Space Battle Lunchtime : lights, camera, snacktion! by Natalie Riess

May 9, 2017 by

[Sam] Have you ever watched Iron Chef and thought, this is great but I really wish the contestants were aliens? If you are currently shouting at your screen “YES, YES, I THINK THAT ALL THE TIME!!!” this graphic novel is so for you. Don’t read any further, just take my word for it and put it on hold,  Find it Here.

Now for the rest of you, who maybe don’t spend as much energy wishing extraterrestrials would invade your favorite reality show, don’t worry this book is also for you. In fact you may have a lot in come with the main character of this book. Peony was honestly very happy being an awesome baker in an adorable earth based coffee shop. But after unwittingly accepting an offer from a strange customer she finds herself the newest contestant on Space Battle Lunchtime, a super popular alien cooking competition broadcast all over the universe.

This graphic novel is just fun. The art is bright, the story is simple, but entertaining. A fun read for kids or adults! Check it out now and you’ll be all caught up when vol. 2 arrives this summer.

The Guernsey Literary and Potato Peel Pie Society by Mary Ann Shaffer, Annie Barrows

April 12, 2017 by

guernseyI loved this audiobook! The cast of narrators were amazing and, although I started out doubtful that the correspondences would be able to carry my interest through an entire novel, the unique format totally kept me wanting more. Hard to get out of the car at the end of my commute with the thought that I might be missing out on something going on in 1946 Guernsey!

Find in Wiggin’s catalog:
Print Edition
Large Print Edition

Awkward by Svetlana Chmakova

April 6, 2017 by

[Sam] Peppi Torres’ plan to survive her first day of middle school is to be boring and invisible. But that plan shatters when she trips over Jaime Thompson in the hallway and everyone starts calling her his “nerder girlfriend”. And how does Peppi react? She pushes Jamie and runs away. What a nightmare! So of course Peppi’s after-school art club finds itself at war with Jaime’s science club. Will Peppi ever overcome her embarrassment and apologize to Jamie? Will the feud between Art club and Science club destroy the school? Find it Here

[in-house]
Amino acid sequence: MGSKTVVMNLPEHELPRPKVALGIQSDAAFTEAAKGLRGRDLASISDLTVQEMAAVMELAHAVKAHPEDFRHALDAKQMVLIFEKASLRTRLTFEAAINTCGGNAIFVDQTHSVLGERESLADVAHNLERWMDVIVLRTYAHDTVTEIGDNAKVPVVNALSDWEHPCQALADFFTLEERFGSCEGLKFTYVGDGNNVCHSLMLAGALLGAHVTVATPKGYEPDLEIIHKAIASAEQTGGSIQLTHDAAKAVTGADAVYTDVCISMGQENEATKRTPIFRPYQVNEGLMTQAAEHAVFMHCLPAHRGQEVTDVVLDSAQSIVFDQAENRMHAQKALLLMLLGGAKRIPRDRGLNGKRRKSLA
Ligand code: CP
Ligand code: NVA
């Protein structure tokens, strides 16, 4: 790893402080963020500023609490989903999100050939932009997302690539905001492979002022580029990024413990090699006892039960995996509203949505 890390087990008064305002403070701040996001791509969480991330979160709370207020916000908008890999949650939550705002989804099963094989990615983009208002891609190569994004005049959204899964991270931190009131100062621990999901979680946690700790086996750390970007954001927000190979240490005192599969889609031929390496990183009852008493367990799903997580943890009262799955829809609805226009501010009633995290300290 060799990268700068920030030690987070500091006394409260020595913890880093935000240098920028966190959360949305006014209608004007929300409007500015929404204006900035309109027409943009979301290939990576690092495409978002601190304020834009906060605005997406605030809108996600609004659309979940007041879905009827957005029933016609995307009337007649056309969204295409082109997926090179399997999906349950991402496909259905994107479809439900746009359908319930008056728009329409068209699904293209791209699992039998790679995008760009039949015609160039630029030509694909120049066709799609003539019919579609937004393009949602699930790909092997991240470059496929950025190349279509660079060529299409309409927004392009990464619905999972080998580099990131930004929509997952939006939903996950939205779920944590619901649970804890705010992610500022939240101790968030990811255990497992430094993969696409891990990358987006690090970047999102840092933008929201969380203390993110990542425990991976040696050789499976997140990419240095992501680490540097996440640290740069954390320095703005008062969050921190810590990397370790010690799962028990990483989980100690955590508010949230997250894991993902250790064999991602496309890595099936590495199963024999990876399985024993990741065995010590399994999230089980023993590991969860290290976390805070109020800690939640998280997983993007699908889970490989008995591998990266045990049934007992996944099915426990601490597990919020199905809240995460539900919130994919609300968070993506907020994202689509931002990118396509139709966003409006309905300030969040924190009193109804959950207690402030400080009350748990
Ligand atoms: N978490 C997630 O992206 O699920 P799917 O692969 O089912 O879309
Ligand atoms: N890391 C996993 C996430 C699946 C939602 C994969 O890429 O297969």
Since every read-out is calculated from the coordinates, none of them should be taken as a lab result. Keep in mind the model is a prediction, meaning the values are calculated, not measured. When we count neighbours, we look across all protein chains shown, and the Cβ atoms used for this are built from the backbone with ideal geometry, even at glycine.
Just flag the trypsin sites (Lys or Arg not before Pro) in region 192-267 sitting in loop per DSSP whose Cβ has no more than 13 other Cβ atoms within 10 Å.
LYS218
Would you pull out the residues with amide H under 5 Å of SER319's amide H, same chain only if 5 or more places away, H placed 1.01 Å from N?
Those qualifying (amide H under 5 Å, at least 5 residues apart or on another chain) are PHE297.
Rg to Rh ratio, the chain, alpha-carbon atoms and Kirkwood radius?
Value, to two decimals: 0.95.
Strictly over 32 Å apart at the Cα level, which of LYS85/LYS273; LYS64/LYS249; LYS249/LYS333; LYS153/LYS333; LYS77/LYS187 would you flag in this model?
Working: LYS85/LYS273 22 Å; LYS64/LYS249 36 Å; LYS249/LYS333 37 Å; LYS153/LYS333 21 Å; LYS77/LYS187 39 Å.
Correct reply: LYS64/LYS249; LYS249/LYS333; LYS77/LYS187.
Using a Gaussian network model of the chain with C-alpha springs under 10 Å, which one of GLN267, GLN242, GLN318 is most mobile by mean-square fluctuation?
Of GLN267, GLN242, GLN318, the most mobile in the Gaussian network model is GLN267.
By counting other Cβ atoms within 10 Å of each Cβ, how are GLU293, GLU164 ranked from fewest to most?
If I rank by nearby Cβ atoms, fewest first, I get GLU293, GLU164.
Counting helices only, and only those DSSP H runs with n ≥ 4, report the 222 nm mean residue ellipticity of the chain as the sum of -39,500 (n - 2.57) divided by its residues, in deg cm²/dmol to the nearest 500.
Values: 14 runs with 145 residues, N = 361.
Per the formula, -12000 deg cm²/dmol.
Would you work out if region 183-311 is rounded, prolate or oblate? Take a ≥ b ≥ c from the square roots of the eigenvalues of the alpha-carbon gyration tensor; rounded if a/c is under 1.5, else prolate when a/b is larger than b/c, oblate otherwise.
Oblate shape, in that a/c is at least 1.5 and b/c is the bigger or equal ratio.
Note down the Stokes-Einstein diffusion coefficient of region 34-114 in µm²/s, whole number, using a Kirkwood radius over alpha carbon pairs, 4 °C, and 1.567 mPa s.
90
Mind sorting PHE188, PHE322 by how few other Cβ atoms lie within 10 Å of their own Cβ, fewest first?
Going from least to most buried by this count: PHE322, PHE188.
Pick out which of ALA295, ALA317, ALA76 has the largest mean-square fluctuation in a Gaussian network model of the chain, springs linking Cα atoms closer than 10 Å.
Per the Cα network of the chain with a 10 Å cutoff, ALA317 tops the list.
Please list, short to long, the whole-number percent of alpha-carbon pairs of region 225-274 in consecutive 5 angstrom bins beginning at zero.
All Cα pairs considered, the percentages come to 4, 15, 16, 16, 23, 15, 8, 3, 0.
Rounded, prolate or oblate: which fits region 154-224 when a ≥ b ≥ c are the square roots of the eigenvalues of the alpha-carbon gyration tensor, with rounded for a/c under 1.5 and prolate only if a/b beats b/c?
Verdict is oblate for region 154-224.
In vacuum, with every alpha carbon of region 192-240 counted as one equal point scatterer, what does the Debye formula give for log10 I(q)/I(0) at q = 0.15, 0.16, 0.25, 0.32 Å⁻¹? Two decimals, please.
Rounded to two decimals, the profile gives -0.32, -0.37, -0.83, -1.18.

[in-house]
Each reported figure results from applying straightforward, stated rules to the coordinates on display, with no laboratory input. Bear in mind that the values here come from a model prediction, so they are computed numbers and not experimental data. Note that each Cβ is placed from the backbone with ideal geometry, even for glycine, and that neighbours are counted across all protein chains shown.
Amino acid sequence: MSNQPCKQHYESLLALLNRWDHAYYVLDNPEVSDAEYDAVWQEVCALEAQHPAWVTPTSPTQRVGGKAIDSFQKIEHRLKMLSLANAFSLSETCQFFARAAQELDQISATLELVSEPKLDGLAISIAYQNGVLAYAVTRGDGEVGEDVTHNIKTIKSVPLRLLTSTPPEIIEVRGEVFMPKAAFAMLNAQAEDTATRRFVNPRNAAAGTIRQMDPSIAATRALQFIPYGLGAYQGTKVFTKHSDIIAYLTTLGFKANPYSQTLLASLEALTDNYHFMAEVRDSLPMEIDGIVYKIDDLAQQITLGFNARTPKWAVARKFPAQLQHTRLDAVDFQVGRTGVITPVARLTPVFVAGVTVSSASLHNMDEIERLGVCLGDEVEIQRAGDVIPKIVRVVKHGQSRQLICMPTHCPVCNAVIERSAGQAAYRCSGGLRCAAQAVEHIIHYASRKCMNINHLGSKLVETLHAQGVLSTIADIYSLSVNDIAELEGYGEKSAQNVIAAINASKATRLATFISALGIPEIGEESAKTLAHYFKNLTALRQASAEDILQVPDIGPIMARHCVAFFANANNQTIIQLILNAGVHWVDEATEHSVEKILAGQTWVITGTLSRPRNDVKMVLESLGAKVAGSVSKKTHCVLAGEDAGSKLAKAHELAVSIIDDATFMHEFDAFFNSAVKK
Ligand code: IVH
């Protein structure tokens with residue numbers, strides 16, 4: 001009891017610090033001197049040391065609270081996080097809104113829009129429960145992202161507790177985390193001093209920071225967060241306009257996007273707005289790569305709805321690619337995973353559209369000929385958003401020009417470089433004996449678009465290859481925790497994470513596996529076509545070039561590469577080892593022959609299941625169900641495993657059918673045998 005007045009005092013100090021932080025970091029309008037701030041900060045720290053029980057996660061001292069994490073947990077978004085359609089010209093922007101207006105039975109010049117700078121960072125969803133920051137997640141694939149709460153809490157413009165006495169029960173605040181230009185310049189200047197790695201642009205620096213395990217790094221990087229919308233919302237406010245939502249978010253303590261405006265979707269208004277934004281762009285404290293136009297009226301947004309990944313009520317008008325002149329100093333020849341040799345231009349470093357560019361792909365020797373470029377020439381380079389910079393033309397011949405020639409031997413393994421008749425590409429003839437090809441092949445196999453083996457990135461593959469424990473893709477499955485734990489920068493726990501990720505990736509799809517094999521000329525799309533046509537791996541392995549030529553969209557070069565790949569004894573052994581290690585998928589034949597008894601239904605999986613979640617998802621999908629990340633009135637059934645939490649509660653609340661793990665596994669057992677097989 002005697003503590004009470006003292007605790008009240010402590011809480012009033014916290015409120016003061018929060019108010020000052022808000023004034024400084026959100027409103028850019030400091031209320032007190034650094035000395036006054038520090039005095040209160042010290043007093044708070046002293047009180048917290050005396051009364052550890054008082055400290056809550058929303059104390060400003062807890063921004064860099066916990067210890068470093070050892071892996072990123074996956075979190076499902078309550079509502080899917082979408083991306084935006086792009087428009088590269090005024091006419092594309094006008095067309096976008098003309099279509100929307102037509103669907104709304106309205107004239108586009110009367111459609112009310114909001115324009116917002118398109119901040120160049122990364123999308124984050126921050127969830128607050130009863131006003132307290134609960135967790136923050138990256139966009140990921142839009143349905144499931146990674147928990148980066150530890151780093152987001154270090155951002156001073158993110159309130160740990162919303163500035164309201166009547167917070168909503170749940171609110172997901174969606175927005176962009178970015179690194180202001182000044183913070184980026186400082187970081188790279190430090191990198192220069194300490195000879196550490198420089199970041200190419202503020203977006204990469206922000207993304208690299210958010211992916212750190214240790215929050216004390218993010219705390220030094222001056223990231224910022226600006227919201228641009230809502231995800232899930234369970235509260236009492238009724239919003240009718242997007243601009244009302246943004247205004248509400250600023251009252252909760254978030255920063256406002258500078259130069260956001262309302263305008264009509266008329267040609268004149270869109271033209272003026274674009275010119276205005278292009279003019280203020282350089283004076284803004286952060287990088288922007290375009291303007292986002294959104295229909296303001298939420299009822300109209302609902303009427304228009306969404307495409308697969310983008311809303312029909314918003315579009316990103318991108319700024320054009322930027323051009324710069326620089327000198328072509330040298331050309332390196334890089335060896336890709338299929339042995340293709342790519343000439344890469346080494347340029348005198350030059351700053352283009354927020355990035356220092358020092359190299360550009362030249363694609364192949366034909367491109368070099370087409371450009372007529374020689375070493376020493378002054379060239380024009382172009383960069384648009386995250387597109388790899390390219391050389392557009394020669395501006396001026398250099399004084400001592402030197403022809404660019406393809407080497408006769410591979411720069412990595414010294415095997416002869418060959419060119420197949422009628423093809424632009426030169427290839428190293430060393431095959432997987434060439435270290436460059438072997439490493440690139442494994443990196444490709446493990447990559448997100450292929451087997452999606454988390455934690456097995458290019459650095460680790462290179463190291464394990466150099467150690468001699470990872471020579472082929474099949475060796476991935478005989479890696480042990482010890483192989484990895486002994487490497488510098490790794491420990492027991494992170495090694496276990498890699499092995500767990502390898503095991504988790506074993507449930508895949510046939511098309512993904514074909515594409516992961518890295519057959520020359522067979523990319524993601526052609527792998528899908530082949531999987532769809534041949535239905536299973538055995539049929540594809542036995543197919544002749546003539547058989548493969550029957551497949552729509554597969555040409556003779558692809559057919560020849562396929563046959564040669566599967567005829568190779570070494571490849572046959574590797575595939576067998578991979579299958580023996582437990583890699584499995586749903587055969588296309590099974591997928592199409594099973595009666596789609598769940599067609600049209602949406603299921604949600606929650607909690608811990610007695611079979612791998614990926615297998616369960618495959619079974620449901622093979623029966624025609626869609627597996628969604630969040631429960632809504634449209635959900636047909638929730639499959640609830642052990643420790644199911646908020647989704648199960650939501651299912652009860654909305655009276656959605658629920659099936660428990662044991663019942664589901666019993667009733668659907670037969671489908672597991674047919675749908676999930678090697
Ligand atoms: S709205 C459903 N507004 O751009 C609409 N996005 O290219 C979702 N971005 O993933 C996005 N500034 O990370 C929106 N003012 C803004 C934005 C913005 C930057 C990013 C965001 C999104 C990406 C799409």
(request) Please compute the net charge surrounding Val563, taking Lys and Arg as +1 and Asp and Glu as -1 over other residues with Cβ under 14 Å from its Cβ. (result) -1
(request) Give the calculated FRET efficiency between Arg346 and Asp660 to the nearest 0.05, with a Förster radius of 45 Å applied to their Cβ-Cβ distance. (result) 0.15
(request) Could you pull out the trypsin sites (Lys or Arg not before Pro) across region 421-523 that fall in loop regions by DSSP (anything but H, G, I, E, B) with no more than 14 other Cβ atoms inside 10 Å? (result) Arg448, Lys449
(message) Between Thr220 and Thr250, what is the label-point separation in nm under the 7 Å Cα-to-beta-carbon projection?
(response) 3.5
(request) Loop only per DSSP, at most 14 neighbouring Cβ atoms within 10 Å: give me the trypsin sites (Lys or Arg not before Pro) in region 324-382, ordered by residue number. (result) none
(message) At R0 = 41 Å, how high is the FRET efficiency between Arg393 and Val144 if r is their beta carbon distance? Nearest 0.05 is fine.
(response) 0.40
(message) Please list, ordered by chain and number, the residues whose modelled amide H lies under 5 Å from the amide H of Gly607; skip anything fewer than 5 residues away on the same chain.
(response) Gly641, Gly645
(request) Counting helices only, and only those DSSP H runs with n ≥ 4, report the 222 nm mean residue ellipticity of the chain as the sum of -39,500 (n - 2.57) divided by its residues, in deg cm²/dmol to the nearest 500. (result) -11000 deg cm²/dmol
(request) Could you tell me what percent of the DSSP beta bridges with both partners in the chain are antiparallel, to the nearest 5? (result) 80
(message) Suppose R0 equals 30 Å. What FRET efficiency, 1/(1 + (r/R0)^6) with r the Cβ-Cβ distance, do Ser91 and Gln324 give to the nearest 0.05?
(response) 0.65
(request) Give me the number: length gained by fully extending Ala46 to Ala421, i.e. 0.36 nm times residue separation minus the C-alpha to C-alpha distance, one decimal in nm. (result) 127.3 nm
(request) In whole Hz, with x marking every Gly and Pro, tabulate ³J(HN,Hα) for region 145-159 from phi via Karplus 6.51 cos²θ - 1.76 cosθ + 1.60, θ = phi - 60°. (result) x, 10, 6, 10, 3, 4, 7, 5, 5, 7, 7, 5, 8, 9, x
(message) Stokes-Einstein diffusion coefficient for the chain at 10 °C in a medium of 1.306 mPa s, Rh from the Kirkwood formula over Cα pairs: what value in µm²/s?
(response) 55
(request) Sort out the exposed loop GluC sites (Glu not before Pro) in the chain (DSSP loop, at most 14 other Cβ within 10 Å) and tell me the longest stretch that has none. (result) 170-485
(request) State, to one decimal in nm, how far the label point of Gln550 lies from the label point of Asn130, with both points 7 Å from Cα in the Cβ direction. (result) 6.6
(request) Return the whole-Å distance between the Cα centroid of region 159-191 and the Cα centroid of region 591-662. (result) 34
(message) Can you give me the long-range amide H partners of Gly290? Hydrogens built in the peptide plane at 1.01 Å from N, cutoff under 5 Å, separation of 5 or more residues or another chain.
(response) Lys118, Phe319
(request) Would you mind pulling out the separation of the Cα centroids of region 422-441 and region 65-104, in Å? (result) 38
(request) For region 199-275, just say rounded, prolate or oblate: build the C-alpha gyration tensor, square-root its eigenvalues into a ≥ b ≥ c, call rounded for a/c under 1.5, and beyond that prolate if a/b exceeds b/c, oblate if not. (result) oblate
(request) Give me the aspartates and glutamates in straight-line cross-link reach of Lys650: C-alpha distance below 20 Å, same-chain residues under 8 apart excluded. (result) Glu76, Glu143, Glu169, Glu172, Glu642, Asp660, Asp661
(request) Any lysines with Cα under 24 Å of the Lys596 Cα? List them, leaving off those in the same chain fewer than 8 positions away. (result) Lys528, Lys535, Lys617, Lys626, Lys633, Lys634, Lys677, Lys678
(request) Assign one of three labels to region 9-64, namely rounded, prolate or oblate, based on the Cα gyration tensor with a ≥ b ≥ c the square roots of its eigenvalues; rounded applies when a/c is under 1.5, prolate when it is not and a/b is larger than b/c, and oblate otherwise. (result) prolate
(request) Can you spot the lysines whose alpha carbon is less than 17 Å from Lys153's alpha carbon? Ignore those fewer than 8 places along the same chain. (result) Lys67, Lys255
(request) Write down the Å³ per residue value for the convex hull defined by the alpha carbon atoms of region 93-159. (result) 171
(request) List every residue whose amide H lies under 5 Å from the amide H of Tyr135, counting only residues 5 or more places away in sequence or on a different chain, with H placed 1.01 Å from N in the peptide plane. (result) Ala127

This awesome graphic novel creates a vivid picture of the ups and downs of life in middle school. It’s funny and relatable. I’d recommend this book to readers who enjoy Raina Telgemeier‘s graphic novels. And if you enjoy this book checkout Roller Girl by Victoria Jamieson


The Pruning Answer Book: Solutions to Every Problem You’ll Ever Face; Answers to Every Question You’ll Ever Ask by Lewis Hill, Penny O’Sullivan

April 5, 2017 by



Very helpful! I started knowing little about pruning, and I have a new large garden to care for at my new home. I feel much more confident about the process thanks to this handbook– it explains pruning in the context of plant structure and growth in a way that beginners can wrap their head around while also going into the details that can back up more experienced gardeners, landscapers, and arborists.

I got this out from the library over the winter (available here) and am going to buy a copy to hang onto for easy reference this spring. A bonus– the author is one of our library trustees here at Wiggin! She is so helpful and always willing to answer questions from our community.


Amina’s Voice by Hena Khan

April 4, 2017 by

[Sam] This is a wonderful middle grade book that radiates hope and love even in the midst of trying circumstances.The main character Amina starts out as a shy girl who lives very much within her comfort zone. She loves music but refuses to sing in public. She enjoys Sunday school at her mosque but is embarrassed to recite Arabic in class. However, the arrival of a new family member, changes within her friend group, and a tragedy in her community might just bring out a whole new side to Amina. I loved how thoughtfully Amina’s family and community were described. I felt I learned new things about Pakistani-American culture, but also found a lot I could relate to within these characters. I highly recommend it.  Find it Here

The Adventures of Superhero Girl, by Faith Erin Hicks

March 25, 2017 by